Net Neutrality Battle Shifts To Full Senate

The fact that the committee tied on the amendment is considered an indication that the Senate may also be split and that conditions are ripe for a dogfight.

The battle over Net neutrality has shifted from a Senate panel, where a bill to force Internet service providers to maintain a level playing field was rejected, to the full Senate, where an even bigger battle may be brewing.

The Senate Commerce Committee on Wednesday voted 11-11 on an amendment that would have barred telephone and cable companies from charging others for delivering high-bandwidth services over the Internet. The tie meant the Net neutrality measure would not be a part of a sweeping telecommunications reform bill that was approved by the panel.

But rather than mark the end, the committee's action merely shifted the focus of the divisive issue to the full Senate. The fact that the committee tied on the amendment is considered an indication that the Senate may also be split and that conditions ripe for a dogfight.

"There will be an epic battle in the Senate over Net neutrality," said Adam Green, a spokesman for Civic Action, which is part of a coalition fighting for the amendment.

Some neutral observers see the potential for a political brawl. David Kaut, a telecom analyst at Stifel Nicolaus, told the Washington Post that the tie vote suggests a hardening of opposition by Senate Democrats unless a bill includes Net neutrality safeguards.

At issue is a telecom reform bill approved by the committee without the Net neutrality amendment. The fate of that bill is expected to hinge on the outcome of the Net neutrality debate. When Congress returns from its recess in September, there will be little time to pass bills before the session ends and lawmakers head back to their home turf for the November elections.

Already, there are indications that some Democrats may seek a filibuster if a Net neutrality measure doesn't get in the telecom bill. Commerce Committee Chairman Sen. Ted Stevens (R-Alaska) has reportedly said he doesn't believe he has the 60 votes needed to override a filibuster.

Among the senators leading the fight for Net neutrality is Ron Wyden (D-Ore.), who has publicly said he would oppose any effort to have the full Senate consider the telecom bill without the amendment. Wyden's statement to the Senate following the committee vote was seen by some observers as an indication that he would try for a filibuster if the current bill moved forward.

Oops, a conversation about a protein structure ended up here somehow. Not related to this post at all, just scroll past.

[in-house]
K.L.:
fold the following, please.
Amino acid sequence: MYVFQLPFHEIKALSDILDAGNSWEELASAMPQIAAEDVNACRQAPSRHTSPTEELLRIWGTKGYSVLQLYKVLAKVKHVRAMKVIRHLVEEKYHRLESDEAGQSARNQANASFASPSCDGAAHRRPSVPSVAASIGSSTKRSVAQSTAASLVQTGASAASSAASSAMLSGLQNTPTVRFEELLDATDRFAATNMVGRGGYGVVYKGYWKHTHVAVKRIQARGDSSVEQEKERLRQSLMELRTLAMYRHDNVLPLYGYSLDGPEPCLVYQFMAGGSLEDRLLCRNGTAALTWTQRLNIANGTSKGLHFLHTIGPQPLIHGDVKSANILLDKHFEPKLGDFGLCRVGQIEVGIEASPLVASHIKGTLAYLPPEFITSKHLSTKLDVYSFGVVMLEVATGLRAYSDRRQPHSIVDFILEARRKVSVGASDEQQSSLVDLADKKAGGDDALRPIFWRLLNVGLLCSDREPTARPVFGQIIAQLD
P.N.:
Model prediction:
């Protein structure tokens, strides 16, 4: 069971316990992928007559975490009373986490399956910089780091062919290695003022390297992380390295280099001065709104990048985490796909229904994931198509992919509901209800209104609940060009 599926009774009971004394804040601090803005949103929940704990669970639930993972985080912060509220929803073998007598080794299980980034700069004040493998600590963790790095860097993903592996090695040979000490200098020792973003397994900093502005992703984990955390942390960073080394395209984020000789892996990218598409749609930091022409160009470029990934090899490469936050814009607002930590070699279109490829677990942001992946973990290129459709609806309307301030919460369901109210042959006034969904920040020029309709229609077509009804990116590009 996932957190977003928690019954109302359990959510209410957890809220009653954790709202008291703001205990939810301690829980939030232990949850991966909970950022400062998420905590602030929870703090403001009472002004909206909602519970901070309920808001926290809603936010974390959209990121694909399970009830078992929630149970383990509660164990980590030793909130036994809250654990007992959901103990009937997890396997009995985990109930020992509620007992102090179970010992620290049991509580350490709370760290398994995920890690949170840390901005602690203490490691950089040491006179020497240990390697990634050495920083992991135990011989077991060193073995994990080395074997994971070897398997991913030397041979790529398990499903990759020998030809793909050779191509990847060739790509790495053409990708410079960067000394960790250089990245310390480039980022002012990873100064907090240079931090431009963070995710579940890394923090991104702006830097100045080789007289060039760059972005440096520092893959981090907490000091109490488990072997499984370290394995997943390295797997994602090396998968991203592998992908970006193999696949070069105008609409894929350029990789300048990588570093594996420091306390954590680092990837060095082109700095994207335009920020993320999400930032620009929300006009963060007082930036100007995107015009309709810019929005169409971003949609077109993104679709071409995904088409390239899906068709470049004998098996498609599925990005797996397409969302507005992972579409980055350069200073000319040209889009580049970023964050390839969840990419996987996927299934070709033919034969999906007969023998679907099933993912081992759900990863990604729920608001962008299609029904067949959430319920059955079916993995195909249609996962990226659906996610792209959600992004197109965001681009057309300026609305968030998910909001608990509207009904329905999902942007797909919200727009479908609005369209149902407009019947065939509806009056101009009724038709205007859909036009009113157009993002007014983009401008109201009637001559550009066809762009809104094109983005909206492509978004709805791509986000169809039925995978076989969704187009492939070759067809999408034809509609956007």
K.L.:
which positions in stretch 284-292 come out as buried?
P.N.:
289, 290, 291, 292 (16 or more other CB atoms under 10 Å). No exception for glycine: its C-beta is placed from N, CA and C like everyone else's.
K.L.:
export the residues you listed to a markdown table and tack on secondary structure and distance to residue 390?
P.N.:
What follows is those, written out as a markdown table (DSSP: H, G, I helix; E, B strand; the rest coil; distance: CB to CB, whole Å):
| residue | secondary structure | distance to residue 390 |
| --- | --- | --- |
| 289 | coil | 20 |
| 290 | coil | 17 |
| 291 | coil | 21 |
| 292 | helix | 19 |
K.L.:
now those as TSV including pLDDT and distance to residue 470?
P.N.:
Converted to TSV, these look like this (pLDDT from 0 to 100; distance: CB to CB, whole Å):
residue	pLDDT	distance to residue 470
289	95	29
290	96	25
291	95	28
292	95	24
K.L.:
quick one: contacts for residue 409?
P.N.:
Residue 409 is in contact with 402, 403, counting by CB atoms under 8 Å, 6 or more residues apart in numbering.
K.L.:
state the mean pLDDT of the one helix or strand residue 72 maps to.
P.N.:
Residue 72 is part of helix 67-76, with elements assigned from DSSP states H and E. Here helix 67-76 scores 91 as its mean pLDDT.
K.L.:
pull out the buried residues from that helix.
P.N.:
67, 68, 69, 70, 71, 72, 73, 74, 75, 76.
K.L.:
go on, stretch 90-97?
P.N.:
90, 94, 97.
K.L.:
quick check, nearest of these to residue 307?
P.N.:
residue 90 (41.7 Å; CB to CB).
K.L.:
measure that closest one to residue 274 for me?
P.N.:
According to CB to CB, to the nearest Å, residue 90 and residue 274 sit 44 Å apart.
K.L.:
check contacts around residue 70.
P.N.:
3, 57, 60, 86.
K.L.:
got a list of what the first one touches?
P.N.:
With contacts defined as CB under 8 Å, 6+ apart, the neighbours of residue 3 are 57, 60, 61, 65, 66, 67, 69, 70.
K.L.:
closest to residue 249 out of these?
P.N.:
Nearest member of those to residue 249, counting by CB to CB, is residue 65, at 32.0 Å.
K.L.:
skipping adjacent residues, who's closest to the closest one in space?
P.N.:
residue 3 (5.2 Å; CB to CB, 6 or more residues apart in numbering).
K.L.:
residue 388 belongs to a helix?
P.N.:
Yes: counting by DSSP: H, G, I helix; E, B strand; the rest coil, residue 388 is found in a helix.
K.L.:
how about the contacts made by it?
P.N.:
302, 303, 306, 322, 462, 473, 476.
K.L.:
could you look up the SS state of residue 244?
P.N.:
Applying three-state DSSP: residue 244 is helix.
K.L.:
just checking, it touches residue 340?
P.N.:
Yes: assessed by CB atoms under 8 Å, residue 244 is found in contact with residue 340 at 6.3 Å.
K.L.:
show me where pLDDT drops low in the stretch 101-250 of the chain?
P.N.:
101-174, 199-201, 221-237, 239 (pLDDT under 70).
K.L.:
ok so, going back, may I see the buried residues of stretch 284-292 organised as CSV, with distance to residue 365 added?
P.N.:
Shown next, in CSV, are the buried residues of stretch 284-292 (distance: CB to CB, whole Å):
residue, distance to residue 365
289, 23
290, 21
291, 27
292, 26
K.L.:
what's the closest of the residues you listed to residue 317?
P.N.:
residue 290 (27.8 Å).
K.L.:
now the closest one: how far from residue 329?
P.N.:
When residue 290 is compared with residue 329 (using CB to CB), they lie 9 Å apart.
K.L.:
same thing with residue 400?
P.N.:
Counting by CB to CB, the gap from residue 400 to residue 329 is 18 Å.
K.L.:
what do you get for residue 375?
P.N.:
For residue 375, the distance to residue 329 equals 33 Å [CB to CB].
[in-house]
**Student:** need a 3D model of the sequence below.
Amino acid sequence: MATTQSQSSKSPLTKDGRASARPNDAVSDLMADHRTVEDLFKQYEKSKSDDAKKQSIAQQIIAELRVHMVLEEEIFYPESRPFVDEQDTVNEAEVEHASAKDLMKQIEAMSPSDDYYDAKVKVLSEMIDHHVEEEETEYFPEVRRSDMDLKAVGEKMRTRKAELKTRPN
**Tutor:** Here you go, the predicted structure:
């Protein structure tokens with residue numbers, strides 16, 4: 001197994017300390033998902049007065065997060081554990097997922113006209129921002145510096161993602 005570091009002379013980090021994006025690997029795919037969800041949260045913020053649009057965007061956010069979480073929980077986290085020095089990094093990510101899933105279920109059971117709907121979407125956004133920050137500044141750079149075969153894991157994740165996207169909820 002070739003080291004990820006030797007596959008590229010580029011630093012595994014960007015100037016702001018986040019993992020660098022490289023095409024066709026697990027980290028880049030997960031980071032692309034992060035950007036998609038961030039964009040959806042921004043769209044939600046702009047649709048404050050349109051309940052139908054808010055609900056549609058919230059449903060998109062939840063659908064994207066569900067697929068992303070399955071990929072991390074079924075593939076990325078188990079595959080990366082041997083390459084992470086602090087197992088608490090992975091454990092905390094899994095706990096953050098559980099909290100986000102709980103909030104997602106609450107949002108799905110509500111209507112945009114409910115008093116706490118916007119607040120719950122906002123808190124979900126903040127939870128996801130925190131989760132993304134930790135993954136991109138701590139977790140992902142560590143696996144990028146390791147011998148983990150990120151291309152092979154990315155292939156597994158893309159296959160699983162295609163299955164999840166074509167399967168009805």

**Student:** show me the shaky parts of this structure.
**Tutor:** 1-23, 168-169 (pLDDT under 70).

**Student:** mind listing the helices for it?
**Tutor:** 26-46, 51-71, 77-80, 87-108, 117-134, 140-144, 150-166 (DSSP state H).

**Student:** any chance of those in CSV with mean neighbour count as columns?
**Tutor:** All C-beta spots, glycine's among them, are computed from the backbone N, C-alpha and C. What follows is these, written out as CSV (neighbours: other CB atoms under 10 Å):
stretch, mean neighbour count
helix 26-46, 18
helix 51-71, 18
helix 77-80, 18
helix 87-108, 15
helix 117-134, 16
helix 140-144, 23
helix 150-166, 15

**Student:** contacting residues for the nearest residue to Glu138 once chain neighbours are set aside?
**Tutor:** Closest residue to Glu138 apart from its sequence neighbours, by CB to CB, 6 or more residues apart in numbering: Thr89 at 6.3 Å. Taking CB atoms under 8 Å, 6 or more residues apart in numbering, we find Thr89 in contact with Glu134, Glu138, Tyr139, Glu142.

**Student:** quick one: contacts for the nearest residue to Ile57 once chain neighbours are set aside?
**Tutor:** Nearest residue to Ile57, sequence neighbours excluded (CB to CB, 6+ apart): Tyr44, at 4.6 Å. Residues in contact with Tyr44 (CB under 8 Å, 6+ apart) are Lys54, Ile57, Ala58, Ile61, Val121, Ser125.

"I believe these changes are so important, mean so much to our country, it ought to be possible for the Senate to slow this down and take the time to really consider what the implications are of a badly flawed piece of legislation with respect to its treatment of the Internet," Wyden said before the Senate.

Supporters outside the Senate are also not standing still. Civic Action on Thursday sent emails to constituents within the states of senators on the committee who voted against the amendment, urging them to call their senator's office to object to the vote. is part of the Save The alliance that also includes the Christian Coalition.

Groups against a Net neutrality amendment are also unlikely to be silent. Besides the heavy lobbying efforts by telephone and cable companies, such as Verizon Communications Inc. and Comcast Corp., groups such as the Computing Technology Industry Association are expected to fight hard to get the telecom bill on the Senate floor.

"We commend the Senate's work yesterday, and look forward to helping its passage on the Senate floor," ComTIA said in a statement released Thursday.

Aside from the Net neutrality issue, a major provision of the telecom reform bill would make it easier for telephone companies to seek approval for launching TV services that could compete against cable operators. The bill would require states to streamline the process to 90 days.

Proponents of the Net neutrality amendment, which include Internet giants Yahoo and Google, say it is necessary to keep the Internet open to startups and smaller companies that couldn't afford fees for faster delivery of services. Opponents argue that the law is unnecessary since there's no indication that companies that own today's broadband networks would discriminate against companies that didn't pay for higher bandwidth.

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